A Gilt-Bronze Empire Clock In The Form Of a Classical Urn
A Gilt-Bronze Empire Clock In The Form Of a Classical Urn, by Maison Lepautre. The clock has an ornate cast bezel with a 3-inch porcelain dial with...
DimensionsHeight: 33 cm (13 in)
Width: 16.5 cm (7 in)
Depth: 10 cm (4 in)
A Gilt-Bronze Empire Clock In The Form Of a Classical Urn, by Maison Lepautre.
The clock has an ornate cast bezel with a 3-inch porcelain dial with Roman numerals and Breguet style hands. The twin train eight-day movement with outside countwheel striking on a bell and silk thread suspension.
This elegant Empire style clock has a gilt-bronze case in the form of a classical urn with swan neck handles and a winged cherub to the neck. The circular pedestal base is raised on a footed stepped square plinth.
The dial signed 'Lepaute a Paris'.
The Lepaute family were the premier French clockmakers of their day. Their significance lies in their contribution to the clock making industry which had hitherto come under the trade of locksmiths. The family held the brevet Horlogers du Roi.
Jean-André Lepaute (1720-1789) arrived in Paris at an early age and in 1740 founded the family business. A skilled artist and mechanic, he quickly gained an excellent reputation. He was received as maître by the clockmakers guild in 1759, was granted royal lodgings from the king in The Luxembourg Palace, and was entrusted with the construction of the majority of the great public clocks of Paris. He executed, amongst others, those in The Luxembourg Palace, the Jardin des Plantes, the Château de Bellevue and the Château des Ternes. His clock at Paris’s École Militaire still works today. Three editions of his Traité d‚’Horlogerie were published in Paris in 1755, 1760 and 1767. A small volume, Description de Plusieurs Ouvrages d‚’Horlogerie appeared in 1764. Jean-André’s wife, Nicole-Reine Etable de la Brière (1723-1788), was a highly esteemed mathematician and astronomer. Her passion for science lent itself to Lepaute’s work and she played an active role in the scientific and mathematical aspects of the clock making.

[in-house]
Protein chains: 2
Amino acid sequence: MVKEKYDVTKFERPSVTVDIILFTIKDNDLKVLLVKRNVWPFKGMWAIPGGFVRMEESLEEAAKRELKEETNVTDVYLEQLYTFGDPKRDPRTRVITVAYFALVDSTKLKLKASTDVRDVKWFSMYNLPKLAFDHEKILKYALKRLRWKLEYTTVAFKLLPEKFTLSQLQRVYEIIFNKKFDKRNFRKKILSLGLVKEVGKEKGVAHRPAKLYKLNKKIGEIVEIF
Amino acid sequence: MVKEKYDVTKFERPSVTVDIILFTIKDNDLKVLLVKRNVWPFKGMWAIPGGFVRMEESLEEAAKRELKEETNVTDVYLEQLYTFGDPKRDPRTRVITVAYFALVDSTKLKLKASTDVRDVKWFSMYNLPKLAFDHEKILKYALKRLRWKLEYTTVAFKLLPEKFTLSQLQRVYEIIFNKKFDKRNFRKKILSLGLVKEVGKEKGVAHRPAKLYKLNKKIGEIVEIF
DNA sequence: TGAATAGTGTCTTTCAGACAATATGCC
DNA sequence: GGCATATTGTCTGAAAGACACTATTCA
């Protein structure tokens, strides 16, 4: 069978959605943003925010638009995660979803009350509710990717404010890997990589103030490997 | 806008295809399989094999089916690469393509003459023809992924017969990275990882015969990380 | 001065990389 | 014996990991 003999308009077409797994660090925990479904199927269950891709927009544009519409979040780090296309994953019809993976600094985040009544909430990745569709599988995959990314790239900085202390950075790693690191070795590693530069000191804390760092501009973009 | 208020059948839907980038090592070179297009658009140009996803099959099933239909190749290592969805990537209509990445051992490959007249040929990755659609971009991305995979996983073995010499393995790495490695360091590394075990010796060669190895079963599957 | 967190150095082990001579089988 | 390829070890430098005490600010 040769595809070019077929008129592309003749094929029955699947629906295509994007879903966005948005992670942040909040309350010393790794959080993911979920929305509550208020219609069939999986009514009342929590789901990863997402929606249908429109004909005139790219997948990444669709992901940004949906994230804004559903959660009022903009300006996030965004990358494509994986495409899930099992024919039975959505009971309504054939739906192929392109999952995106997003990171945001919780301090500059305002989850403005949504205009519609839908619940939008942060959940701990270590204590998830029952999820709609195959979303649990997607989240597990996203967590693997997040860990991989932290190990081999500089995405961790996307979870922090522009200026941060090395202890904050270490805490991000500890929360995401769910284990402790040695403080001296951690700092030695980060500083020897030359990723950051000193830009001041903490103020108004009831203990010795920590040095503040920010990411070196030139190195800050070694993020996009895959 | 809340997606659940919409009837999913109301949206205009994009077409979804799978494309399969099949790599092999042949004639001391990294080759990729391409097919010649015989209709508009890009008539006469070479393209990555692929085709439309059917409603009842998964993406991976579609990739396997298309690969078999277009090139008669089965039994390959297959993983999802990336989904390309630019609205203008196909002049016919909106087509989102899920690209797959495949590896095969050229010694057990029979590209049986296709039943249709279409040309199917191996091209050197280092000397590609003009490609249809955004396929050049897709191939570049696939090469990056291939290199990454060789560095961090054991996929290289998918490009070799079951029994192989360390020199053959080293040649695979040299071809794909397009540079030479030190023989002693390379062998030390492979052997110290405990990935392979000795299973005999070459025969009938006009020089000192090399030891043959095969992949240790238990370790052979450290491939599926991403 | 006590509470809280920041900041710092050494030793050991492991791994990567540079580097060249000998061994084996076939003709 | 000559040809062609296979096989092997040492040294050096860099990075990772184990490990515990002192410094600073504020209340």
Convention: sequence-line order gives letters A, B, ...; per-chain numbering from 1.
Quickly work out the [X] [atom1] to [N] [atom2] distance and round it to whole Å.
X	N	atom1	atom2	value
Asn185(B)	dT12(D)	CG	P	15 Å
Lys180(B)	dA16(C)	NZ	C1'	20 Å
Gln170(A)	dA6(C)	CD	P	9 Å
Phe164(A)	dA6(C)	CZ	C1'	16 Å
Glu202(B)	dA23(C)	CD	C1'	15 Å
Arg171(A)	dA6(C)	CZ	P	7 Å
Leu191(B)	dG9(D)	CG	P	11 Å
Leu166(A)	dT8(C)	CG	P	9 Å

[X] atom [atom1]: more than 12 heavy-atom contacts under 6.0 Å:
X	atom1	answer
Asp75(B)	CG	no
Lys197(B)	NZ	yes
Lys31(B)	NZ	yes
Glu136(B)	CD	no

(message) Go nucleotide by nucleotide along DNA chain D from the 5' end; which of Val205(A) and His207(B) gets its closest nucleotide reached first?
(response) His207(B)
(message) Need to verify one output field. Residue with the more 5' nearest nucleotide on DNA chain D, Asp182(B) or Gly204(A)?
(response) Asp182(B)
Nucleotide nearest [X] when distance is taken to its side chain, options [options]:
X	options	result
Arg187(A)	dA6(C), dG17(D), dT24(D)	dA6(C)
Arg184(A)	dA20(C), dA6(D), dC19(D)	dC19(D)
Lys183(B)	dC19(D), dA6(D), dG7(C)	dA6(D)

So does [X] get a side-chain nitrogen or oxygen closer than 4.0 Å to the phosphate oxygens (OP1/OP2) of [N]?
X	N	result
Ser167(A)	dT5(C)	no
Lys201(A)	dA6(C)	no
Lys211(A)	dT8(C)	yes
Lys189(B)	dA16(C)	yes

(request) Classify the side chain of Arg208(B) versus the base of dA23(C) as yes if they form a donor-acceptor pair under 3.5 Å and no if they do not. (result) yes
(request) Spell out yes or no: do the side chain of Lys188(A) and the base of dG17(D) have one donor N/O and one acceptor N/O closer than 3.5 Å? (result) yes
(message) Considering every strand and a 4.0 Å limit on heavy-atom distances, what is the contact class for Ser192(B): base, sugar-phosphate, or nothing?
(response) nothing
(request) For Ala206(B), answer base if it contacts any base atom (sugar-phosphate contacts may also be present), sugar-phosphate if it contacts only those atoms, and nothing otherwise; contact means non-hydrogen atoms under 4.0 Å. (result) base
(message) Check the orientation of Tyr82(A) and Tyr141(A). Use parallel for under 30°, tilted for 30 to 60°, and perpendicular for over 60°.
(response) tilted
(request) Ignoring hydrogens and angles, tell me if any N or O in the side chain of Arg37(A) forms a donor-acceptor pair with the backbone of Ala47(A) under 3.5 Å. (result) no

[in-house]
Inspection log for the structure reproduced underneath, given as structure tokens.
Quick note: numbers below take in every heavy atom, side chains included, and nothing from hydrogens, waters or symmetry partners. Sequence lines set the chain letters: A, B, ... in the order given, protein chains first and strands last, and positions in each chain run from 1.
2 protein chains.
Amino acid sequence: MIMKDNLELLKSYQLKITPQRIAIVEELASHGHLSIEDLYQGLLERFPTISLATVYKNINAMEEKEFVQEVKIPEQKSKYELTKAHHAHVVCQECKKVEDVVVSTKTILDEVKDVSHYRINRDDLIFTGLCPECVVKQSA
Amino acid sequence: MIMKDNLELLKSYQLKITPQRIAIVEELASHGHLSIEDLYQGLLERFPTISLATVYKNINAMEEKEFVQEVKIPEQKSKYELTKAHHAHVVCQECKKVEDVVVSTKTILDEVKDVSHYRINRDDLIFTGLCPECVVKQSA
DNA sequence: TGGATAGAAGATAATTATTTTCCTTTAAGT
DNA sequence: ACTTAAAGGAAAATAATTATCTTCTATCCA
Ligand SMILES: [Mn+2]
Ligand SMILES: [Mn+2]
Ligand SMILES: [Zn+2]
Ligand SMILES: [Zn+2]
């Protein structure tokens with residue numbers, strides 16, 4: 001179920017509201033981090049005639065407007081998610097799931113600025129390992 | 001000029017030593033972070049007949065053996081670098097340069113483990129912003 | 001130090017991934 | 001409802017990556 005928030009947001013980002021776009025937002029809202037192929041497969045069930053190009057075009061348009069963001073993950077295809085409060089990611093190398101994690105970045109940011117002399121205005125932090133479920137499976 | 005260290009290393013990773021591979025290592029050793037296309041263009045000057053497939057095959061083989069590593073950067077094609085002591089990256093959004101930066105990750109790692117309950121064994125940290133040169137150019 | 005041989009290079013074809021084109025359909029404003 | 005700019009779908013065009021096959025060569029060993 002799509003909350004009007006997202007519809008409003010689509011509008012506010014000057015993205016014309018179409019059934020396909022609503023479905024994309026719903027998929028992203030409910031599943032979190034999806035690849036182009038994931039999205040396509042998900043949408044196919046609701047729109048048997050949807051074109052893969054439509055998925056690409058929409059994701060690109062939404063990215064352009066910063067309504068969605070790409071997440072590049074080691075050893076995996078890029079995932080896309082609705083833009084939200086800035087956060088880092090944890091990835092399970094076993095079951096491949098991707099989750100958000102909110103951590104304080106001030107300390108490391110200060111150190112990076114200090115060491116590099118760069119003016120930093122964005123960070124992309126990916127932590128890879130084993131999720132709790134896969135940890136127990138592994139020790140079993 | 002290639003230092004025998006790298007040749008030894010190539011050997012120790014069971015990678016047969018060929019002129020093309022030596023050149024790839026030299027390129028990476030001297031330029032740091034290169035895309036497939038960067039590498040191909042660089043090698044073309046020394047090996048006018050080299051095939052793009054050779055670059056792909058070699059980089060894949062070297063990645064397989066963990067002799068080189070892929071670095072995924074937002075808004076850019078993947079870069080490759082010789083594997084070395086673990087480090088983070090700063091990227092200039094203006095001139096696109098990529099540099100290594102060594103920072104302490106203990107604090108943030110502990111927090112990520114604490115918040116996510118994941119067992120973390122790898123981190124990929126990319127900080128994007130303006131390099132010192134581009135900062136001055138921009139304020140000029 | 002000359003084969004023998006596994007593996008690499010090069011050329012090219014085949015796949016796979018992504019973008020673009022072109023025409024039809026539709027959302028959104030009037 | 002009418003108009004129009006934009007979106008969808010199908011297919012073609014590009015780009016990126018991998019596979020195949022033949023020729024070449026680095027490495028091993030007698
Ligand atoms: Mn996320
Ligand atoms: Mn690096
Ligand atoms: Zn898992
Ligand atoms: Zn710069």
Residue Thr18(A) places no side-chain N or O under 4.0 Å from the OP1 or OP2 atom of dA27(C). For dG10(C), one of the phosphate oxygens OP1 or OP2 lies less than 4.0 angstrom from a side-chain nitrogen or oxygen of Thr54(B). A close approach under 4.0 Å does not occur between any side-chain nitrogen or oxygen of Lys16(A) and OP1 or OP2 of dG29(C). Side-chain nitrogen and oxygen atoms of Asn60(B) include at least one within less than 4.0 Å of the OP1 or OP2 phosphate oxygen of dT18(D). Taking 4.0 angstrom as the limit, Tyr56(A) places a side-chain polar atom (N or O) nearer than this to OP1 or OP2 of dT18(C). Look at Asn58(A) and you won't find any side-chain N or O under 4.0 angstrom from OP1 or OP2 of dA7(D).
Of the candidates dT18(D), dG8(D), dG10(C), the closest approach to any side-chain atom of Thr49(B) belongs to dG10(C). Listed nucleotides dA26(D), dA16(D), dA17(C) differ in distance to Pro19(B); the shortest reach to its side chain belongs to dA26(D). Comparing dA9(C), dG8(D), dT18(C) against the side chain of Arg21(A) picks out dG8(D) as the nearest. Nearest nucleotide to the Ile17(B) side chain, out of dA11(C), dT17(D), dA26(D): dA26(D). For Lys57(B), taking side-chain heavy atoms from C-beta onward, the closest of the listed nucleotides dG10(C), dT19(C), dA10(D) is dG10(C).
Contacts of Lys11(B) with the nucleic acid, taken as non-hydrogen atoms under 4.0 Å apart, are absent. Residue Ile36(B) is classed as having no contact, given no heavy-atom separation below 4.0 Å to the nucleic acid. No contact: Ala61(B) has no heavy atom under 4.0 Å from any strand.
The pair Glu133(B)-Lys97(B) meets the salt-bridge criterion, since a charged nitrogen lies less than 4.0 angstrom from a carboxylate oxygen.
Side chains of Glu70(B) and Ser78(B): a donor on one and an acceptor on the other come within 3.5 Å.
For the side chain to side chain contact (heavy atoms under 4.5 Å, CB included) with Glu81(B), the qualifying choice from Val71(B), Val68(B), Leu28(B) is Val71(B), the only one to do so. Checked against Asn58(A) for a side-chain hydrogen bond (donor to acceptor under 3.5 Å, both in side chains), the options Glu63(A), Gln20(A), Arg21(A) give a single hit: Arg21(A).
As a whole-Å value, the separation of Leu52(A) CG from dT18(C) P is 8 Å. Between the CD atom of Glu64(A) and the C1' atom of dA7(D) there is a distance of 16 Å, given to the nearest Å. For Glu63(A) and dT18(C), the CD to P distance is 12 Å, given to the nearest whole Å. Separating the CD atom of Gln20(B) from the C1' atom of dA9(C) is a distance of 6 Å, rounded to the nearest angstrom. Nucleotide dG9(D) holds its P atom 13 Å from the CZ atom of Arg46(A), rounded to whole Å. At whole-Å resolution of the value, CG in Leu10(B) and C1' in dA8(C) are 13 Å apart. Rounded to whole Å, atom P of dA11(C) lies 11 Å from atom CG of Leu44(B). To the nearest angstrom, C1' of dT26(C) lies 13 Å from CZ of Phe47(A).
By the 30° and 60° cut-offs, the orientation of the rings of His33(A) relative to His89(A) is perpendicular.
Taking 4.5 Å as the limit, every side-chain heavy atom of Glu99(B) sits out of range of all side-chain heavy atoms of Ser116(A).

Jean-André’s younger brother Jean-Baptiste Lepaute (1727-1802) joined him in Paris in 1747 and immediately started working for the family business. He was received as maître in 1776 and was known for the clocks he constructed for the Paris Hôtel de Ville (1780), destroyed in a fire of 1871, and for the Hôtel des Invalides (1784). Jean-Baptiste took over the workshop when Jean-André retired in 1775.
After Jean-Baptiste’s death in 1802, the firm was taken over by his nephew Pierre-Basil Lepaute (1750-1843) where he was duly joined by his own nephew Jean-Joseph (1768-1846) and son Pierre-Michel (1785-1849). By 1816, Pierre-Michel Lepaute was in charge of the business. His masterpieces include the astronomical clock in Paris’s Bureau des Longitudes and those in the city’s Bourse (stock exchange), the Hôtel des Postes, the Louvre Palace, the Tuileries Palace and the Château de Compiègne. Pierre-Michel invented the horological principle of ‚‘remontoir d‚’égalité‚’, a force mechanism which is still used by clockmakers today. From 1862 until 1867 the company was run by Pierre-Michel’s two sons Léon Henry-Lepaute and Paul Henry-Lepaute.